• 1895 - RHP Johnny Miljus was born in Lawrenceville and went to Pitt, where he was a football and baseball star. Known as “Jovo” (short for Jovan, or John in Serbian) and “The Big Serb” (a nickname bestowed on him by Babe Ruth, per baseball lore), he got his start with an inning for the Pittsburgh Rebels of the Federal League in 1915, and later worked for the Bucs from 1927-28 (he fought in WW1 and was wounded in action, delaying his career), going 13-10-1 with a 3.53 ERA. He was a multi-role hurler, and did everything from start to close. He’s best remembered for his wild pitch that allowed the Yankees to sweep the 1927 Series. Jovo struck out Lou Gehrig and Bob Meusel in the ninth of that game and got two strikes on Tony Lazzeri. But he muscled up on the next pitch (some say it was a spitter, tho Johnny never 'fessed up) and it got past C Johnny Gooch, allowing Earle Combs to score the winning run. Johnny was thought to be the first Serbian to play MLB.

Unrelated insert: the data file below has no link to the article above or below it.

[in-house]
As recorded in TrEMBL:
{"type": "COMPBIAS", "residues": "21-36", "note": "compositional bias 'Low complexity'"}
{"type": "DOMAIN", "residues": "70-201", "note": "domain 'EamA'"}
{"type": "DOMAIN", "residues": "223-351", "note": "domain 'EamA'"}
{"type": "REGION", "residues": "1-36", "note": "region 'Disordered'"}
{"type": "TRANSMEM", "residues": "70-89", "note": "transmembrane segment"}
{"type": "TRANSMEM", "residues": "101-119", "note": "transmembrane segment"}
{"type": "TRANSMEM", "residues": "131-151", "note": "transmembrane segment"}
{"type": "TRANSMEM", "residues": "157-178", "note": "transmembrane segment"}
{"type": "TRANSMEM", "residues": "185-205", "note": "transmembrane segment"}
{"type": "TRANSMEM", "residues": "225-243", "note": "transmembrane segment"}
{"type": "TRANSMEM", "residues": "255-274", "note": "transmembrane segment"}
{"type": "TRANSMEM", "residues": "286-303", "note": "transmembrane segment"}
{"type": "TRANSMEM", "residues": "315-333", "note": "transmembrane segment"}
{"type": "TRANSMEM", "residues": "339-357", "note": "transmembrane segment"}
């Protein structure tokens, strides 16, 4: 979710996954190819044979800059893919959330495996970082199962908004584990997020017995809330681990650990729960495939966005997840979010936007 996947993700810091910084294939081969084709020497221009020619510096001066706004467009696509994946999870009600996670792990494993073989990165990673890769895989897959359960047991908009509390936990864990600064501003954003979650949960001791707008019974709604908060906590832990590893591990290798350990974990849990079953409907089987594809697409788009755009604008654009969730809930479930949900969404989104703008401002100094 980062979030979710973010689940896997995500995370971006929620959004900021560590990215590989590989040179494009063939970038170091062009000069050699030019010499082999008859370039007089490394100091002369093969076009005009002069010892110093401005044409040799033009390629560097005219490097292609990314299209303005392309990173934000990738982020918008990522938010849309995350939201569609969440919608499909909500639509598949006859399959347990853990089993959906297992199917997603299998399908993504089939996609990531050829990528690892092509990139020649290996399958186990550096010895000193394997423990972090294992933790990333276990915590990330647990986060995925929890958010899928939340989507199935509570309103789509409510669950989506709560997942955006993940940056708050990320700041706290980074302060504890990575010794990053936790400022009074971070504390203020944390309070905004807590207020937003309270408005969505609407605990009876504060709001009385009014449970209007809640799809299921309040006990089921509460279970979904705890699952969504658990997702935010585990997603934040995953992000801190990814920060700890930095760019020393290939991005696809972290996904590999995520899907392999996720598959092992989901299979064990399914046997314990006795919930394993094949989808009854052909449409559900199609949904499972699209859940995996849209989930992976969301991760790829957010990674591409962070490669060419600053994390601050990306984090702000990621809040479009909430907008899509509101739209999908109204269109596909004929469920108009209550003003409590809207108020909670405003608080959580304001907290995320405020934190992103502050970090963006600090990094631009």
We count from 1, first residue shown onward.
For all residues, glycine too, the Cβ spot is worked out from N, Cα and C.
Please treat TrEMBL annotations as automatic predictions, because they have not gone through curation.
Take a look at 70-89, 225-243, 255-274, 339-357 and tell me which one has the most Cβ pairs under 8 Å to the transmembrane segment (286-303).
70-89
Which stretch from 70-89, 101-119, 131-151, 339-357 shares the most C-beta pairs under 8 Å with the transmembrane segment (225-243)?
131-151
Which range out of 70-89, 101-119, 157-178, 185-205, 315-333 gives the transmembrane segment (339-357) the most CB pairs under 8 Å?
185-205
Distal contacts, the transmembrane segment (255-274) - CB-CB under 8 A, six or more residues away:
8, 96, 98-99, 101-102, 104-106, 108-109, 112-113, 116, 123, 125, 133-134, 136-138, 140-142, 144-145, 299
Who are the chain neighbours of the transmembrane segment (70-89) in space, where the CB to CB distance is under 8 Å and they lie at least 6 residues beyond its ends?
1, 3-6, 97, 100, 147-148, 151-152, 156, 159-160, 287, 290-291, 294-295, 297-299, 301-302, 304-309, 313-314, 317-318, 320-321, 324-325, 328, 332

• 1902 - RHP Hal Smith was born in Creston, Iowa. Smith broke into the big leagues as a 30 year old, and spent his four-year career (1932-35) as a Buc, although most of his twirling in the first and last year was done for the AA Kansas City Blues. He went 12-11-1 with a 3.77 ERA as a Pirate with his time split between starting and the bullpen. Hal played for the Blues again in 1936, then hung ‘em up.